Yes, I know, on the calendar it is still three weeks away, but weather-wise it is otherwise. It will certainly feel like spring for the next couple of days until it turns cooler Friday. Our thoughts always turn to tornadoes this time of year. We consider March, April and the first half of May as our prime severe weather season. We have had some notable tornadoes over the years this times of year.
Wanted to look back on a specific date—May 27. Actually, that is getting a little out of season for tornadoes, but it seems to be a sore thumb day for this area. Back in 1917, 75 persons were killed and 391 injured. Especially hard hit were Pike and Creshaw Counties in South Alabama with 9 dead and 50 injured. That night destruction was widespread across Blount, NW Jefferson, Walker, Tuscaloosa, Bibb, Talladega, Madison, Marshall and Jackson Counties. Around 8:45 p.m. an F4 tornado tore through the Sayre-Bradford area near the Jefferson-Walker County line. 9 persons died in Sayre and 17 in Bradford. The town of Bradford was nearly wiped off the map. So many trees were uprooted, all roads were blocked and runners on foot were dispatched to get help. About the same time, an F3 tornado touched down in NW Walker County. Carbon Hill and Manchester were hard hit. 6 people died in Carbon Hill and 2 in the Kansas community.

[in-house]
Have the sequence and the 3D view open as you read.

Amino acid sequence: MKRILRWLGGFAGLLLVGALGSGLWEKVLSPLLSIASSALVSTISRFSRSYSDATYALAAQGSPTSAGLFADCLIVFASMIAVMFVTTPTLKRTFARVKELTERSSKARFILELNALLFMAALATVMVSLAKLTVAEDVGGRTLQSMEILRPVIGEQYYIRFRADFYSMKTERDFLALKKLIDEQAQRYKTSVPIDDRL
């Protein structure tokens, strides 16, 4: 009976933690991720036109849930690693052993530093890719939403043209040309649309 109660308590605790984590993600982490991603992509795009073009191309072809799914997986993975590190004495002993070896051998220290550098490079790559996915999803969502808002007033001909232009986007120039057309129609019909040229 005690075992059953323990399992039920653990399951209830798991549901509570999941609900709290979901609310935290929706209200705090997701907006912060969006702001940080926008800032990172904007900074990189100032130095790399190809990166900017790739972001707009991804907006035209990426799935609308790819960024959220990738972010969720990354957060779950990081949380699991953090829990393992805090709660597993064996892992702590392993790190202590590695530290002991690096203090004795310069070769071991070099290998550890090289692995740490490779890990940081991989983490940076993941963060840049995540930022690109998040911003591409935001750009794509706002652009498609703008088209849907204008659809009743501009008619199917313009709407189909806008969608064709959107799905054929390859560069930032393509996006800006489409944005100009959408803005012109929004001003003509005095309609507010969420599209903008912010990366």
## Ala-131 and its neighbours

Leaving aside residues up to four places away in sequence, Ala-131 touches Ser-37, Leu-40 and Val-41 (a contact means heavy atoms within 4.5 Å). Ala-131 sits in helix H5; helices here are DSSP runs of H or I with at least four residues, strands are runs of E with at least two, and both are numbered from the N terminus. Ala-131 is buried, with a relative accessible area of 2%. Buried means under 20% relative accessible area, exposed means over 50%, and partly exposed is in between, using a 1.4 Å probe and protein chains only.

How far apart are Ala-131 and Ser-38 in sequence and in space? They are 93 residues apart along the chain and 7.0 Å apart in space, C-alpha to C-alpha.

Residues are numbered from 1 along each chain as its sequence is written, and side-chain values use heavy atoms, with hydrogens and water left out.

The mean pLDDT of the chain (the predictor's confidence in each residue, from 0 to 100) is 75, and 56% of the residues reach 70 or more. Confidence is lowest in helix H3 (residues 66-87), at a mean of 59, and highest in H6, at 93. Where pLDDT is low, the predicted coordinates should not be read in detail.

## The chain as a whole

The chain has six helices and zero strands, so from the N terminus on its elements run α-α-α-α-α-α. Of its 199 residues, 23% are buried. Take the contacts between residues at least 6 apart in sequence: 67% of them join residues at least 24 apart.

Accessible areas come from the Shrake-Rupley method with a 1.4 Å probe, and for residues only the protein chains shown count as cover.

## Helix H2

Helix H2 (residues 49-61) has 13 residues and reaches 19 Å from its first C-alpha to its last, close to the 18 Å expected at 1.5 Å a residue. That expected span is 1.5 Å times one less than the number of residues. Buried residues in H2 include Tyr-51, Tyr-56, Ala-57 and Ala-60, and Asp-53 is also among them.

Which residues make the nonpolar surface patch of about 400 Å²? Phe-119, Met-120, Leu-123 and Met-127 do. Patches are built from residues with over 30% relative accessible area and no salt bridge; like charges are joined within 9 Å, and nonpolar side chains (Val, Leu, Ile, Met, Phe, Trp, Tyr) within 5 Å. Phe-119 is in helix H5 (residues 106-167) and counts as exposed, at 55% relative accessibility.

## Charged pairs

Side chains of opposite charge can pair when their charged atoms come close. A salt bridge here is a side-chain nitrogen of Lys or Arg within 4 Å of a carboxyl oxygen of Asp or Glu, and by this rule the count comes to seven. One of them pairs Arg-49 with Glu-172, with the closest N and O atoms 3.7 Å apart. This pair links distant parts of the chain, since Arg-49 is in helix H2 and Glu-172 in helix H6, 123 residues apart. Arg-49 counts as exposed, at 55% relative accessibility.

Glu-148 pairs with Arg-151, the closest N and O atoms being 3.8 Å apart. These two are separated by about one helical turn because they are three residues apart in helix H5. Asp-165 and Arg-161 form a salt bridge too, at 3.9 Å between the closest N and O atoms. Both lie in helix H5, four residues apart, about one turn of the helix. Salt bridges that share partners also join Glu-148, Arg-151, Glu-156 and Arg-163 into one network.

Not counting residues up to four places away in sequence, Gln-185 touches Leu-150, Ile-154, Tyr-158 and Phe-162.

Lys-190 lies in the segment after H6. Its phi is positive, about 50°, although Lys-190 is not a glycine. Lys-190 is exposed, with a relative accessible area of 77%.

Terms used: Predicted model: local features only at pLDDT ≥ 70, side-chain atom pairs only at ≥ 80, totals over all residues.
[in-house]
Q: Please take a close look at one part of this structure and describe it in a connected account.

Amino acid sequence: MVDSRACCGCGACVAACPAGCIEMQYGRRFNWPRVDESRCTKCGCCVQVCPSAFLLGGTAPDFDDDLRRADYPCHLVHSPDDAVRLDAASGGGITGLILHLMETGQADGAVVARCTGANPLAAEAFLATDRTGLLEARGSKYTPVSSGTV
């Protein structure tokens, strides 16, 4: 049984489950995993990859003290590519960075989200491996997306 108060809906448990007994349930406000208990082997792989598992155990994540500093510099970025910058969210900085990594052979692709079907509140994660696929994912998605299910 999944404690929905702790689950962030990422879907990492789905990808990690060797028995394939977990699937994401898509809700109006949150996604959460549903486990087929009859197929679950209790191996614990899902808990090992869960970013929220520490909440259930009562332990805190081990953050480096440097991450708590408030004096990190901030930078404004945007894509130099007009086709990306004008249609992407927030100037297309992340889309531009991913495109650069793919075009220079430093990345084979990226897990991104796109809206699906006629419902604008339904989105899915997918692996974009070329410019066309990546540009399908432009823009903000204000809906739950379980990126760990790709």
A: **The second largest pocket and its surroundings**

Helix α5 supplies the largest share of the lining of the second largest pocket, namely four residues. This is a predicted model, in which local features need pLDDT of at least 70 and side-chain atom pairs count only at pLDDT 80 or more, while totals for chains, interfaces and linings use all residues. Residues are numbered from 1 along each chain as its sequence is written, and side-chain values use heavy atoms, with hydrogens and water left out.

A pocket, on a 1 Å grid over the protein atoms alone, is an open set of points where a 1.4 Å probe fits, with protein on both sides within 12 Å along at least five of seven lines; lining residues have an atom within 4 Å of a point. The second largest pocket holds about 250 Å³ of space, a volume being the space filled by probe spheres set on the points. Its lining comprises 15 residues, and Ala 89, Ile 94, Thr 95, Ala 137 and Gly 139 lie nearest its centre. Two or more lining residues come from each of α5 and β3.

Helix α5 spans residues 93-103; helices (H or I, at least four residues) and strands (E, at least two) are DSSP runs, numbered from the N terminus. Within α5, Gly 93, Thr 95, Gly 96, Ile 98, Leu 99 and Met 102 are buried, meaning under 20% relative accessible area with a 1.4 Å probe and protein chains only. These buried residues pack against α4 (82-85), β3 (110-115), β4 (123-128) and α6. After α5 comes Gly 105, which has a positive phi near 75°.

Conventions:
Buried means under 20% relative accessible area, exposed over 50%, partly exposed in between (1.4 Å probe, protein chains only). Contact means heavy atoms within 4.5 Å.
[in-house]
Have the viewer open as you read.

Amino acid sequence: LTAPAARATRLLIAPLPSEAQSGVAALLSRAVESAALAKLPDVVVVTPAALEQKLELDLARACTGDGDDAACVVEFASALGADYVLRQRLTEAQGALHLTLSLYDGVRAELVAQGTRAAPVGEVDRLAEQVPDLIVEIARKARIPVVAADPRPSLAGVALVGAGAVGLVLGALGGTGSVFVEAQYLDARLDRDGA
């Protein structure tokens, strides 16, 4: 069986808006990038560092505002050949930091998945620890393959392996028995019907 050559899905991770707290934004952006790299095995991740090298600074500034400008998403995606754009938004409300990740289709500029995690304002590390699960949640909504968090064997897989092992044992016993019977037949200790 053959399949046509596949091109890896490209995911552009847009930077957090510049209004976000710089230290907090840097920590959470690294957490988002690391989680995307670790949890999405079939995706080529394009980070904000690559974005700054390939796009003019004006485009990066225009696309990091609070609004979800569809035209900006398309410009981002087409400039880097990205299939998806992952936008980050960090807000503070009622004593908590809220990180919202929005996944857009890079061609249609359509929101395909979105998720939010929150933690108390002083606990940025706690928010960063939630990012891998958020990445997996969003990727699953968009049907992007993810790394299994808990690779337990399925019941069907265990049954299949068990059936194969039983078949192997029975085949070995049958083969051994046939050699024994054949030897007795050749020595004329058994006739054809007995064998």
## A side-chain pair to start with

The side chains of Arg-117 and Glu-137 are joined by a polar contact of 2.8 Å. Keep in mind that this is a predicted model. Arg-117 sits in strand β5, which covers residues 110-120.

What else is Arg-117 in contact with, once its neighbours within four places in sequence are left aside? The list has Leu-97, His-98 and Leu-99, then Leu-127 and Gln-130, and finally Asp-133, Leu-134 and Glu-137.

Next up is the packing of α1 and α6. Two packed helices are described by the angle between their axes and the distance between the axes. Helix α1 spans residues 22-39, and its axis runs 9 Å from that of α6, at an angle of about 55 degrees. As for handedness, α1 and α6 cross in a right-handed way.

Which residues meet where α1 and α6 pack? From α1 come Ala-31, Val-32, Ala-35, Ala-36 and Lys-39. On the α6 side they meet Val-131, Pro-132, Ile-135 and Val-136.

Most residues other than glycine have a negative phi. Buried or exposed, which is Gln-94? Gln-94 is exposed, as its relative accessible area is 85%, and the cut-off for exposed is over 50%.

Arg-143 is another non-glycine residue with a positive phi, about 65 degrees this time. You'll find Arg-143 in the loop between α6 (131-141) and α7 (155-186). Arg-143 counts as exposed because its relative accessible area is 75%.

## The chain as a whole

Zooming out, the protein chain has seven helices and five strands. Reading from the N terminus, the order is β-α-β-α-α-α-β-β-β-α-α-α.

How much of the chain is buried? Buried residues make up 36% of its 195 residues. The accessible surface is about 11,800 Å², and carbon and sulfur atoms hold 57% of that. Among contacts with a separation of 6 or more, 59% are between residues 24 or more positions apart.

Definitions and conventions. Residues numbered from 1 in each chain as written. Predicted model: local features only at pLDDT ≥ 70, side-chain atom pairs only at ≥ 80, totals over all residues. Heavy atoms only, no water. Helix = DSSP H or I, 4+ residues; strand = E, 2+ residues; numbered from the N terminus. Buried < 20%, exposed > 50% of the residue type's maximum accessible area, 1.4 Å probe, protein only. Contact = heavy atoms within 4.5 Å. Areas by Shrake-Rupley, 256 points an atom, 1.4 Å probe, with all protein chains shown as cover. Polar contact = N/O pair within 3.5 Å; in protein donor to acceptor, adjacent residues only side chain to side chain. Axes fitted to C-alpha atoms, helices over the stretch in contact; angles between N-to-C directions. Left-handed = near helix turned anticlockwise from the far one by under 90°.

Fast forward many years later to May 27, 1973. An F4 tornado touched down NE of Demopolis and was destined to become Alabama’s longest track tornado finally breaking up on the slopes of Mt. Cheaha in East Alabama. On the way it brought devastation to parts of Greensboro and especially to Brent which was 90% destroyed. 72 persons were injured and 1 killed in Greensboro and 5 died with 56 injured in Brent. A little later, another tornado brought devastation to parts of Center Point area.
—J B Elliott
*The ongoing forecast looks fine.
*Just a few showers with the front late Thursday or Thursday night. Not much rain in most areas.
*Daytime temps back off about 7 to 10 degrees Friday and Saturday.
*We will continue to mention a chance of showers or storms Sunday afternoon and Sunday night. Severe weather or heavy rain seems unlikely at this point.